By Saeed Taji Farouky
The Beirut film festival's artistic director Eliane Rehab says Lebanon will soon be a cultural beacon again
One of the world's most unlikely and ambitious film festivals is under way in Beirut, little more than a month since a fragile ceasefire between Hezbollah and Israel was reached.
Ayam Beirut al-Cinemaiya (Cinema Days of Beirut), which has been running since 2001, was organised almost six months ago.
When Israel's bombardment of Lebanon began on 12 July, it was assumed the festival would be cancelled.
But artistic director and film-maker Eliane Raheb informed guests that it would go ahead as a sign of "cultural resistance".
Under the circumstances, this year's programme had to be cut down from over 100 films to just 40.
The selection includes films about the Arab world - from the world premiere of Lebanese director Michel Kammoun's Falafel to James Longley's latest documentary Iraq in Fragments, winner of the Director's Award at this year's Sundance festival.
Ask any of the organisers why the festival was not cancelled and they all give the same answer - to prove to the world that no matter what happens, life will go on.
They were inspired by a letter from film-makers at July's Biennale du Cinema Arabe, urging them to run the festival despite the dangers.
A pointed artistic protest was soon delivered - a series of over 20 short video letters from Lebanese film-makers both in the country and stranded abroad, reacting to life under the Israeli blockade.
Bassam Fayyad, a documentary director with the al-Arabiya news channel, co-created one of the video letters.
"I want this festival to say that Beirut is still creating," he states. "Beirut survived the war and Beirut is coming back."
Even The Metropolis Cinema in Beirut's Hamra district, one of the festival's screening venues, is charged with significance.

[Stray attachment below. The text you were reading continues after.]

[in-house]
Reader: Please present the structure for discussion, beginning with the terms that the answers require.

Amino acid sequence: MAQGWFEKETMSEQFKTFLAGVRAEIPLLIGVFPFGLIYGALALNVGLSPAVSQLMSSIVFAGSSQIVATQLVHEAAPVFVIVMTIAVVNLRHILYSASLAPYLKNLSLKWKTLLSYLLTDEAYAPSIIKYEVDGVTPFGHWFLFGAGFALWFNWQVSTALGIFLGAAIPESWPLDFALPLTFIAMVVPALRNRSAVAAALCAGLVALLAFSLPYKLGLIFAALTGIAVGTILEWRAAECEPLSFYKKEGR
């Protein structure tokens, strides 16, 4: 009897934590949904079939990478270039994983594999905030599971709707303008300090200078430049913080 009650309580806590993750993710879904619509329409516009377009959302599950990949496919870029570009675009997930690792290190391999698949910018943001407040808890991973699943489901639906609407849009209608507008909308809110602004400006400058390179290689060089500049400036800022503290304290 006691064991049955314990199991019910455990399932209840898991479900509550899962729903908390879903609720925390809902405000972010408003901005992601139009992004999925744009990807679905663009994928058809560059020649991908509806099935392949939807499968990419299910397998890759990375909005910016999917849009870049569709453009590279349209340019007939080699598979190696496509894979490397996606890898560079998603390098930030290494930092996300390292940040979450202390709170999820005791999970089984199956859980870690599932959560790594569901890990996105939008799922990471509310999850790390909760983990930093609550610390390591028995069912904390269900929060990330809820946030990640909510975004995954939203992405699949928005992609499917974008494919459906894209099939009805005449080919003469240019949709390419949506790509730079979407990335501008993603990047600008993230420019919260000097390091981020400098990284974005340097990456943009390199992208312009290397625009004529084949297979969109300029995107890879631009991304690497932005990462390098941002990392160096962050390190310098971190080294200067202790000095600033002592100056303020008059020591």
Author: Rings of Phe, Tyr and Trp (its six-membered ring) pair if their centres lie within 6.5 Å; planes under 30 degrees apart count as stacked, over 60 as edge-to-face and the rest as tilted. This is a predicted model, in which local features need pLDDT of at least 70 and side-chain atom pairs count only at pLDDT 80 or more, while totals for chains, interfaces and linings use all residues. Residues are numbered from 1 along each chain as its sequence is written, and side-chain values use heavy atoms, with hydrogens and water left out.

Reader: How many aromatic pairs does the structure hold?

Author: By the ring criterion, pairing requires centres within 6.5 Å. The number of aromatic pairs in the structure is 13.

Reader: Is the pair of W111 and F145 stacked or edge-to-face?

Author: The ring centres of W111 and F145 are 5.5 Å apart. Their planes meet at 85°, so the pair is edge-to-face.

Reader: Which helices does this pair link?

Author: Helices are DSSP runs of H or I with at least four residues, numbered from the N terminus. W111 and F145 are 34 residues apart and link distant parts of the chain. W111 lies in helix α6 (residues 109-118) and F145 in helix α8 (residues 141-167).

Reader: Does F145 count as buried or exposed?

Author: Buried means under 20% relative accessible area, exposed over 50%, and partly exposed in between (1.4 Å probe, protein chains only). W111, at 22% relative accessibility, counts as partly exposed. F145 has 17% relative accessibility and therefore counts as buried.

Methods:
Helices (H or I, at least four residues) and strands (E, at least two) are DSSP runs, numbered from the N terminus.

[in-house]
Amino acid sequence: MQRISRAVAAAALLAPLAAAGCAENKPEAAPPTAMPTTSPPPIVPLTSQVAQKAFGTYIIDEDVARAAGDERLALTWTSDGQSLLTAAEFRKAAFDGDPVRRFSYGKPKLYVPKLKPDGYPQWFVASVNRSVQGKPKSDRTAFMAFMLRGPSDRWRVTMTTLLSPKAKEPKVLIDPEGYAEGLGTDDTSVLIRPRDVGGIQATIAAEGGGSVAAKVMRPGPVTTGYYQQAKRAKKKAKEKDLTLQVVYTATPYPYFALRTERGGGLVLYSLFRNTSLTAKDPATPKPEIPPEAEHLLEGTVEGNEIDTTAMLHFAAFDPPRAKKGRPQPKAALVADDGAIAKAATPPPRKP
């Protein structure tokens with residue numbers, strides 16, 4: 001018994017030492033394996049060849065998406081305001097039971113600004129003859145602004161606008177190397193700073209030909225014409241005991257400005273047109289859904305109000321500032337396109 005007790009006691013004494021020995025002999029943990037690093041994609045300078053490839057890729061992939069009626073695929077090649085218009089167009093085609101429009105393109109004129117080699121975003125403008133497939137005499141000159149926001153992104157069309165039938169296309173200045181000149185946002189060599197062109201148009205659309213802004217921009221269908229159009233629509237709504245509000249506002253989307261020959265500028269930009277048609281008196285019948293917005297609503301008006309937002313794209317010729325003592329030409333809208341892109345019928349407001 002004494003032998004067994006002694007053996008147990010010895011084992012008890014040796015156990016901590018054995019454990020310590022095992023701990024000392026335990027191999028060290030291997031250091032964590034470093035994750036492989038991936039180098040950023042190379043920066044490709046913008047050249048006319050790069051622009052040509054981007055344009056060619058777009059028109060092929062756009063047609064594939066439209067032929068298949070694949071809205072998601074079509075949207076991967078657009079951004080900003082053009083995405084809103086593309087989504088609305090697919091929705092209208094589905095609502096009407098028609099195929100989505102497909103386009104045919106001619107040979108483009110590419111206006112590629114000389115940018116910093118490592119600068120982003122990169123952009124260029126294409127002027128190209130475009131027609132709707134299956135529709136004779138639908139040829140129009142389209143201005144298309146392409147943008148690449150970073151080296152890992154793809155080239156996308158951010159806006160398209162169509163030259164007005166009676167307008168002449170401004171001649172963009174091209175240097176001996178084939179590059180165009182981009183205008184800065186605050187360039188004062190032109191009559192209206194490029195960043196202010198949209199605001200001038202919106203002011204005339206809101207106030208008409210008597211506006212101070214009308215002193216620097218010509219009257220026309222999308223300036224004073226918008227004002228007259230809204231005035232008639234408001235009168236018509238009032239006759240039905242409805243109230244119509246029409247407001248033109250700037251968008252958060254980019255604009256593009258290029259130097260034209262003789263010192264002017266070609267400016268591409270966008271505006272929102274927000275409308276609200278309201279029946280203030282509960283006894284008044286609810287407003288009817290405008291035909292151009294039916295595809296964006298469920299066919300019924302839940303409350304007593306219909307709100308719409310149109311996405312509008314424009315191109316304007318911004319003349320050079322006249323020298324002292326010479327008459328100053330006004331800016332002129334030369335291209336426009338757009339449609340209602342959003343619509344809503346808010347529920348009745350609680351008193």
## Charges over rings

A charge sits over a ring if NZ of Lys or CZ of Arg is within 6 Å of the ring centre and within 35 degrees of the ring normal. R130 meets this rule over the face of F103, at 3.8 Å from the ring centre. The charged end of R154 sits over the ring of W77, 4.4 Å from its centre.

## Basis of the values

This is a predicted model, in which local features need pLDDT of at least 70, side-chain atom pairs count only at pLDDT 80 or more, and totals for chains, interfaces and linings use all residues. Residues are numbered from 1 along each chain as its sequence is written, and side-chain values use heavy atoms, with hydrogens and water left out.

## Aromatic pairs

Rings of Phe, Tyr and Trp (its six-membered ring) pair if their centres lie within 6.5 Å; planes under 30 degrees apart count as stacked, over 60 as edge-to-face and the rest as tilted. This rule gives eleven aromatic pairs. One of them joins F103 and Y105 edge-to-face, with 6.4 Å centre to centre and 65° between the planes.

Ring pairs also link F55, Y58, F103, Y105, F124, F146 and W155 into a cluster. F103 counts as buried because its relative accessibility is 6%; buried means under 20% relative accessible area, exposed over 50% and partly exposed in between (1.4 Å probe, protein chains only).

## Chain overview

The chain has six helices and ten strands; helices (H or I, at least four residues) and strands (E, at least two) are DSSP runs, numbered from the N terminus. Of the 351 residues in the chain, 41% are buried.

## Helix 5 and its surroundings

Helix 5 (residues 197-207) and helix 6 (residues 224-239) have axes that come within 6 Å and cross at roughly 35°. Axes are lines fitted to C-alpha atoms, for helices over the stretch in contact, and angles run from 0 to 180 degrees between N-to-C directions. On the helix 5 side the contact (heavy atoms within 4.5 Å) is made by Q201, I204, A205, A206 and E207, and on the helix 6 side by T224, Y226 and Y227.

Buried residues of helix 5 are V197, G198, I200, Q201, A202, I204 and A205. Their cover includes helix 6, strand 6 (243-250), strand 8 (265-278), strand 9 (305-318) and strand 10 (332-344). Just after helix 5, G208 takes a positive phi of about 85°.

The city's only art-house cinema had its official opening on 11 July, the day before the Israeli bombardment of the city began.
Hania Mroue, festival director and Metropolis founder, began housing refugees in the cinema space and organised workshops and screenings to keep the city's besieged residents distracted.
"People continued coming to the cinema the next day, even though war had started," she says.
"They came. I don't understand how and why they came even though Beirut was being bombed, but they came. And even the third day they kept coming."
Apart from attracting local audiences, organisers also faced the difficult task of flying in 40 visiting film-makers into Lebanon.
"There was no airport, there were only a few planes and we were organising a festival and bringing films from outside and inviting people," says Remi Bonhomme, festival communications director.
James Longley's Iraq in Fragments is being shown in Beirut
"We didn't even know if there would be planes at that time or what the situation would be in the country."
Mr Bonhomme adds that the festival is not only a distraction for war-weary Beirutis, but a powerful sign to the Lebanese people that they have not been forgotten.
"We have people saying I want to come to Beirut, I want to be part of this," he adds.
While the country's physical reconstruction may take years, Ms Raheb is confident that Beirut will be back as a beacon of Arab arts and culture long before then, saying the Lebanese have been "trained" to deal with war for decades.
This year's festival will play an important role in the reconstruction of her city - all but two international guests honoured their invitations, and screenings are enjoying large audiences.
Ms Raheb will soon begin to reflect on this latest chapter of Lebanon's troubled history through another documentary film, and start planning for the next festival.
But others find the future is impossible to contemplate.
"We are still living in a war, in a region that is supposed to be reshaped through violence." Mr Fayyad says.
"We are still living this moment, and I don't think it will be over in a few years, so the question is what can we do during the coming violence?"
Ayam Beirut al-Cinemaiya Film Festival runs in the Lebanese capital until 24 September.